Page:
The UK’s position in the global entrepreneurial stakes is encouraging, according to new research based on the Ashish J Thakkar Global Entrepreneurship Index.
The country comes fifth in the inaugural index, which was topped by Singapore. A closer look at the research shows that the UK owes its elevated position in part thanks to country’s ‘finance pillar’: to its ability to provide a supportive financial culture for entrepreneurs to flourish in. In particular, the UK scores extremely high in terms of its attractiveness to investors in venture capital and private equity, bettered only by the United States, due to its acknowledged history as a stable economy that is optimal for investors.
The UK’s policy environment was also held up as benefitting small businesses: the framework put in place by the UK Government to encourage entrepreneurs excels due to the lack of perceived risk stemming from its high credit rating and the economic freedoms afforded by its open approach to capitalism.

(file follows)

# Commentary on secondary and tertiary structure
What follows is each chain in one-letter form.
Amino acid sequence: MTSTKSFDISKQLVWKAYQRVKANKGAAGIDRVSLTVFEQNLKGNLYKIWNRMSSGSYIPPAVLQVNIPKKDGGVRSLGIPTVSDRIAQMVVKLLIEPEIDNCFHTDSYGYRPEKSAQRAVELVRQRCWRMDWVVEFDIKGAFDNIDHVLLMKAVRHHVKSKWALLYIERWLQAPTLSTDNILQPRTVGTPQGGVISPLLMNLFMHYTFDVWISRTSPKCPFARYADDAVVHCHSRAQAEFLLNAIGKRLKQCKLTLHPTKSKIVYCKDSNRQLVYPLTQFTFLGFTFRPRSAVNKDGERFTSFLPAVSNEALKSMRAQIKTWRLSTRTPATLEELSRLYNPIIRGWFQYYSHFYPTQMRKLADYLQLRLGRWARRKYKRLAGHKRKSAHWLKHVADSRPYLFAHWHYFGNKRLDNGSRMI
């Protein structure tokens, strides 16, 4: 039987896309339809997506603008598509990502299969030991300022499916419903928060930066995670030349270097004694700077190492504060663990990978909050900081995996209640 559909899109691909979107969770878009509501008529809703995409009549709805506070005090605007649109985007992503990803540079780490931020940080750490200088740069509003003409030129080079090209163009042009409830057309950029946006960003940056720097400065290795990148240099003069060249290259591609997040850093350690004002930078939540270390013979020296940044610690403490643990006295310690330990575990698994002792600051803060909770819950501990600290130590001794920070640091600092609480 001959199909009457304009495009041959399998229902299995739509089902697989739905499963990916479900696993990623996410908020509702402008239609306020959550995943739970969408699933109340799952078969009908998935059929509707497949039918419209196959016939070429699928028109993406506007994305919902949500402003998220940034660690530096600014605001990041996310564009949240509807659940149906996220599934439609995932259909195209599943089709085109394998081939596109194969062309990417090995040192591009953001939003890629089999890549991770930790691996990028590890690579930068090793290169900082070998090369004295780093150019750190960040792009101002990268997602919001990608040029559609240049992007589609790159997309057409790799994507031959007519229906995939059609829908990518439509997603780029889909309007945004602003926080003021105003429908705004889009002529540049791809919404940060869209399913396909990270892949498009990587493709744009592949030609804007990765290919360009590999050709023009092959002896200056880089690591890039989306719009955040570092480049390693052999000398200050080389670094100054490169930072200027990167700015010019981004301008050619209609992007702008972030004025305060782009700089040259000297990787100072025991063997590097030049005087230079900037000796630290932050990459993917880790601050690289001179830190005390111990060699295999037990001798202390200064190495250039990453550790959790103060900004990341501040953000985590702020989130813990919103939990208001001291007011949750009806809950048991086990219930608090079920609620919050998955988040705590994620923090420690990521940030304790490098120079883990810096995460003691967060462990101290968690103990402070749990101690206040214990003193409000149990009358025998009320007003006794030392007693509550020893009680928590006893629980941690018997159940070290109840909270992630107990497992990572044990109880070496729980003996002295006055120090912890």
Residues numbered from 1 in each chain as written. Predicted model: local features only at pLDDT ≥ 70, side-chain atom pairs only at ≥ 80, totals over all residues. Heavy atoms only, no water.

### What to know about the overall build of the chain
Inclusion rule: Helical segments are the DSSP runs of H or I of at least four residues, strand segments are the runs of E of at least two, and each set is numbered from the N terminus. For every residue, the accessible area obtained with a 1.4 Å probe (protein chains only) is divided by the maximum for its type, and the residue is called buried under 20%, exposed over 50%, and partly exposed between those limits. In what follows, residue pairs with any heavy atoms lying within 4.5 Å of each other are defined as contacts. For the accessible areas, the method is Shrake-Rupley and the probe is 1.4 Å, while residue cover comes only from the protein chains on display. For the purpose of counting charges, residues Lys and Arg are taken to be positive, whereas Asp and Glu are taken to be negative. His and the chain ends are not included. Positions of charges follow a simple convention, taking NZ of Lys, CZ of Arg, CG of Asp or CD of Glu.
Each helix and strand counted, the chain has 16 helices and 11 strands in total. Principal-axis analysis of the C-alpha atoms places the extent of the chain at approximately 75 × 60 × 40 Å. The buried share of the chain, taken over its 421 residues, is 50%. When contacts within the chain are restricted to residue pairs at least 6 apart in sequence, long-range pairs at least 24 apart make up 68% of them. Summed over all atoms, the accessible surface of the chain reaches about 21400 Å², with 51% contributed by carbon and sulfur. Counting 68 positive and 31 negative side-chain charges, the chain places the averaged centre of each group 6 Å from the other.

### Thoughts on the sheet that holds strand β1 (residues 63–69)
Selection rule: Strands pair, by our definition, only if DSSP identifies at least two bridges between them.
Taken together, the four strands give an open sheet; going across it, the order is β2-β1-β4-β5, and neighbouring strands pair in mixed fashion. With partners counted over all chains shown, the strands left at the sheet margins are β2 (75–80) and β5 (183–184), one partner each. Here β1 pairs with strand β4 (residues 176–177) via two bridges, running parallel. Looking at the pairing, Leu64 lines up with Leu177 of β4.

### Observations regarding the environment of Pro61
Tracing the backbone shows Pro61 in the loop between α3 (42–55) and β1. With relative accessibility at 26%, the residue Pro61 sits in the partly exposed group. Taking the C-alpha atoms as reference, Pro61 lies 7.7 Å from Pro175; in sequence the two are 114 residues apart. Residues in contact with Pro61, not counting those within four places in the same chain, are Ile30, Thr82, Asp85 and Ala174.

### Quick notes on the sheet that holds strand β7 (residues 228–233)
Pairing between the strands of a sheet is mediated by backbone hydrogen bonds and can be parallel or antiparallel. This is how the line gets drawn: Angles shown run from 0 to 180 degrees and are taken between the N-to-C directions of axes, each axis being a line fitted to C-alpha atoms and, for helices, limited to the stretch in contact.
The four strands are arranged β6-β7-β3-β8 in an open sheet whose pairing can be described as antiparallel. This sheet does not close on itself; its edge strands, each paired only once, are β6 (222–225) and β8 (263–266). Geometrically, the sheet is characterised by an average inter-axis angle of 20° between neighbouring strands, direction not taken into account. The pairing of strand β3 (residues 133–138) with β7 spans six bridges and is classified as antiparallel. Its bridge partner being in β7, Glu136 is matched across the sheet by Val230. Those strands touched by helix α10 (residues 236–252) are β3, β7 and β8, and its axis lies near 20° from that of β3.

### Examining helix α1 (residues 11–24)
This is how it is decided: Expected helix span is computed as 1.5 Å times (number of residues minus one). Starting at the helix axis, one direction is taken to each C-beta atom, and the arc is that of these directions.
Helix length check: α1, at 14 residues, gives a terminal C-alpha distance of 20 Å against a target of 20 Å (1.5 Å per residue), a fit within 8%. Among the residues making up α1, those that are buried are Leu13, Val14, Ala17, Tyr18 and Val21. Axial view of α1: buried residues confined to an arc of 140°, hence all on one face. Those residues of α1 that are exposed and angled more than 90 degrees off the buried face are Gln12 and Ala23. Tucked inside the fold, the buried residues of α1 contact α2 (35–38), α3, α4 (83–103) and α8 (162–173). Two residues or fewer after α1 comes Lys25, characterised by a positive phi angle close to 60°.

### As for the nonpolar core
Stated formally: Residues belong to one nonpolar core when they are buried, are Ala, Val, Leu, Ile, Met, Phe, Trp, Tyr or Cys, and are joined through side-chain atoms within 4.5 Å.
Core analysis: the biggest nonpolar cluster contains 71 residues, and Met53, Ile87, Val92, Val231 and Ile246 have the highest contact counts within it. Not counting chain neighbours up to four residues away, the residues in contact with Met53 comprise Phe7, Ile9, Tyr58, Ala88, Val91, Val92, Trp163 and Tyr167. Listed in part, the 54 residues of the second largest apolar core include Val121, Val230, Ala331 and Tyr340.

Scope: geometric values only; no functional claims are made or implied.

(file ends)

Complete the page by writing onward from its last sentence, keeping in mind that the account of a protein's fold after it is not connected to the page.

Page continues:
“An open and nurturing environment”
With all that said, the UK does have some structural issues that inhibit the development of a start up culture. This is due to a significantly low ‘attitudes’ score which specifically relates to the lack of interest and appetite of the average citizen to start their own business.
James Endersby, Managing Director of Opinium, the company that conducted the research, said: “The Index indicates that on the global stage, the United Kingdom is one of the most open and nurturing environments for entrepreneurs to build their own business. While fifth place is a significant and admirable position in the overall ranking, the lack of entrepreneurial spirit that it indicates in the average citizen is concerning. More must be done to encourage people to take hold of the opportunities available to them, particularly if we want to continue to nurture our economic position in a post-Brexit environment.”
The Top Ten:
2. New Zealand
5. United Kingdom